Still, women kept playing.
In 1926 the AAU held the first national tournament for women’s basketball. They had six teams participating and used men’s rules. Still, with pressure from the Women’s Division of the National Amateur Athletic Federation, the tournament was cancelled for the next couple of years. In 1929 AAU re-started the national tournament for women but oddly enough added a beauty contest as part of the event.
Still, women kept playing.
Many women who played in the AAU tournament were a part of the Women’s industrial league that sprang up throughout the United States. Industrial leagues consisted of teams that were sponsored by the companies the women worked for. Some companies began to recruit women right out of high school or college because a winning team was good publicity. Women from teams like the Golden Cyclones and All American Red Heads (who wore makeup and dyed their hair red) even became famous. Also, during this same timeframe, African American women played in the women’s division of the African American basketball league that featured local church and club teams. Most of these teams used men’s rules, but colleges continued to use women’s rules.
By 1938 women’s rules changed to use two zones instead of three. Two-zone basketball was a six-on-six game where each team has three offensive players and three defensive players on each half of the court.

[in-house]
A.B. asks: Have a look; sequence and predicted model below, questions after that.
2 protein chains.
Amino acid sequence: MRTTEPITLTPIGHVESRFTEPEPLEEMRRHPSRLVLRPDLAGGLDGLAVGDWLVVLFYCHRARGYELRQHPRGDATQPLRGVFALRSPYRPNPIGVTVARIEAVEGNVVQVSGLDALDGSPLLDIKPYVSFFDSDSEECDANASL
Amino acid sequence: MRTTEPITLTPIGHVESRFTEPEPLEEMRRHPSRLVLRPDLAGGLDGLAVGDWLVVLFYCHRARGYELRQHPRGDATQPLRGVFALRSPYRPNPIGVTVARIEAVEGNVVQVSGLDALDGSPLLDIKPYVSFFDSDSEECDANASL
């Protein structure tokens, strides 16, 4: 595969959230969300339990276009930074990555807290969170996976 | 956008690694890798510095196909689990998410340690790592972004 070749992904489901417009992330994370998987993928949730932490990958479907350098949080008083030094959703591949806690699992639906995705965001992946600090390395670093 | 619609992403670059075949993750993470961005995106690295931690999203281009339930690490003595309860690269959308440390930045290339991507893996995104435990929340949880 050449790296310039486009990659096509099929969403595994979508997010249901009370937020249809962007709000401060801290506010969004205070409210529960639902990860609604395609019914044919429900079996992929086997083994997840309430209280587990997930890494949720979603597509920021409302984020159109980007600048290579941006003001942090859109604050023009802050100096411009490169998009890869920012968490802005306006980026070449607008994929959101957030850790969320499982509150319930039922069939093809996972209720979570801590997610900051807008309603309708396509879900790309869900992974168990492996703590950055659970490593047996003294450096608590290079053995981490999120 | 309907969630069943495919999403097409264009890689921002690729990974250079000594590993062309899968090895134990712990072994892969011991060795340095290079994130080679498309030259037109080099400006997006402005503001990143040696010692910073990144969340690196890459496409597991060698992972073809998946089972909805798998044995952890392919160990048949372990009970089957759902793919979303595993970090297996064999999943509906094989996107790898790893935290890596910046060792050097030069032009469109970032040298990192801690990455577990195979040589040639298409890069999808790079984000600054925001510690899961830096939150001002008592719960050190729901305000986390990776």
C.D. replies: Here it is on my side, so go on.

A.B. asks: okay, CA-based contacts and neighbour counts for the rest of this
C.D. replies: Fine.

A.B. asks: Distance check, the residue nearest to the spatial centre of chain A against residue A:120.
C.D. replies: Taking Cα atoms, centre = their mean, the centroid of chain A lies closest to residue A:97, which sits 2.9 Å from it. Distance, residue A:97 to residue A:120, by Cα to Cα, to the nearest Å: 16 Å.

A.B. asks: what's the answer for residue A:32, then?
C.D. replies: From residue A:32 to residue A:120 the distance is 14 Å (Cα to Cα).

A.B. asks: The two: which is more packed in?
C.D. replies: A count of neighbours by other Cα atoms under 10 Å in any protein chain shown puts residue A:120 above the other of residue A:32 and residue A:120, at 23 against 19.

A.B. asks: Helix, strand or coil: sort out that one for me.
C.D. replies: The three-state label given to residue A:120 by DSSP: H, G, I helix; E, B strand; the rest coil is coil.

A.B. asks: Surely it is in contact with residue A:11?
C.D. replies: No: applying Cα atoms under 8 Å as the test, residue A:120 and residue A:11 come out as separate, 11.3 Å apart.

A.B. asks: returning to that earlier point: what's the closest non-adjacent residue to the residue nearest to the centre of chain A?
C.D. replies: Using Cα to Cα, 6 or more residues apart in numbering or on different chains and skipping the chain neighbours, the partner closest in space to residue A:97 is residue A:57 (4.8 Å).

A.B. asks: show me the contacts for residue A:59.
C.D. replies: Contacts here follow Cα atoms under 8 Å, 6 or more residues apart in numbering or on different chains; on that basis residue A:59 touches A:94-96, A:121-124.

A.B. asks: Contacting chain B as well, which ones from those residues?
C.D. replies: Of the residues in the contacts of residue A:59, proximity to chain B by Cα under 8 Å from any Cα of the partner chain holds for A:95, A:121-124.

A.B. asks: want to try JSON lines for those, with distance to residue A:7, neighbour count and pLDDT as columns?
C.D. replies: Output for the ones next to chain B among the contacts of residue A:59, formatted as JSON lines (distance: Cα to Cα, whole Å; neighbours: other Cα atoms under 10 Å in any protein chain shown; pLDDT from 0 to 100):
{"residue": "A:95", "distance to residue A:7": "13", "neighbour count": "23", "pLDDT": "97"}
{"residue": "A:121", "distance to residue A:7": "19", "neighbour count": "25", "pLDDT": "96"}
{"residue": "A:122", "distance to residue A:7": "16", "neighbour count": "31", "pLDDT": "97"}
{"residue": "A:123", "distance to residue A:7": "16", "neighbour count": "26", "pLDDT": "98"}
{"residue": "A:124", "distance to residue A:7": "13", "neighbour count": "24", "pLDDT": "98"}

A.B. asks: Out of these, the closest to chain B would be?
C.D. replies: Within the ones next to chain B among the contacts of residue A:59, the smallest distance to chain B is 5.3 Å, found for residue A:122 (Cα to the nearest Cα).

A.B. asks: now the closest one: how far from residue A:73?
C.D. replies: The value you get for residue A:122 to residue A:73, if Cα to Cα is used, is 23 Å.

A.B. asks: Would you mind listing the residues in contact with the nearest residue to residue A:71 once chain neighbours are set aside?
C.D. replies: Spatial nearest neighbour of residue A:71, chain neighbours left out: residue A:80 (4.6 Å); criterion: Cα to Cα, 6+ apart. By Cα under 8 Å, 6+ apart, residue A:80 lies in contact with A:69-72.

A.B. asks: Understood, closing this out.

Finally, in 1966, the year I was born, women were allowed unlimited dribbling again, and by 1970 the five-player full-court game was adopted.
In 1971 the Association for Intercollegiate Athletics for Women (AIAW) was formed, giving women the opportunity to compete in national championships and the next year, in 1972, Immaculata College won the first of three consecutive AIAW women’s national collegiate basketball championships. The movie Mighty Macs is inspired by the true story of Coach Cathy Rush and her teams legendary run for the first women’s basketball championship. Soon after in 1976, there was the first Olympic basketball tournament for women. The game was changing for girls and women across the country.
I started elementary school in the ’70s and was taught basketball using the two-zone rules. I even thought that everyone played the two-zone six-on-six half-court game until I went to a men’s basketball game. It was at that game that I realized I wanted to play basketball. The game looked so much more fun, running the full court and playing both offense and defense, and by the time I went to middle school, I got the chance.
I was lucky to have a coach who, just like my parents, believed that girls could do anything that boys could do. Our coach worked us hard, and I loved it. We lost just one game in three years. By the time I entered high school in the 80’s, I knew that I wanted to play basketball in college. And though I didn’t know they had only started giving women basketball scholarships a few years earlier, I was determined to get one.
In 1984 (the first year the USA women’s basketball team won Olympic gold), I received a scholarship to play basketball at Eastern Washington University. During my college career, we were a top team in our conference and played the University of Oregon in the 1987 NCAA Tournament. The first NCAA Women’s tournament was just six years earlier in 1981.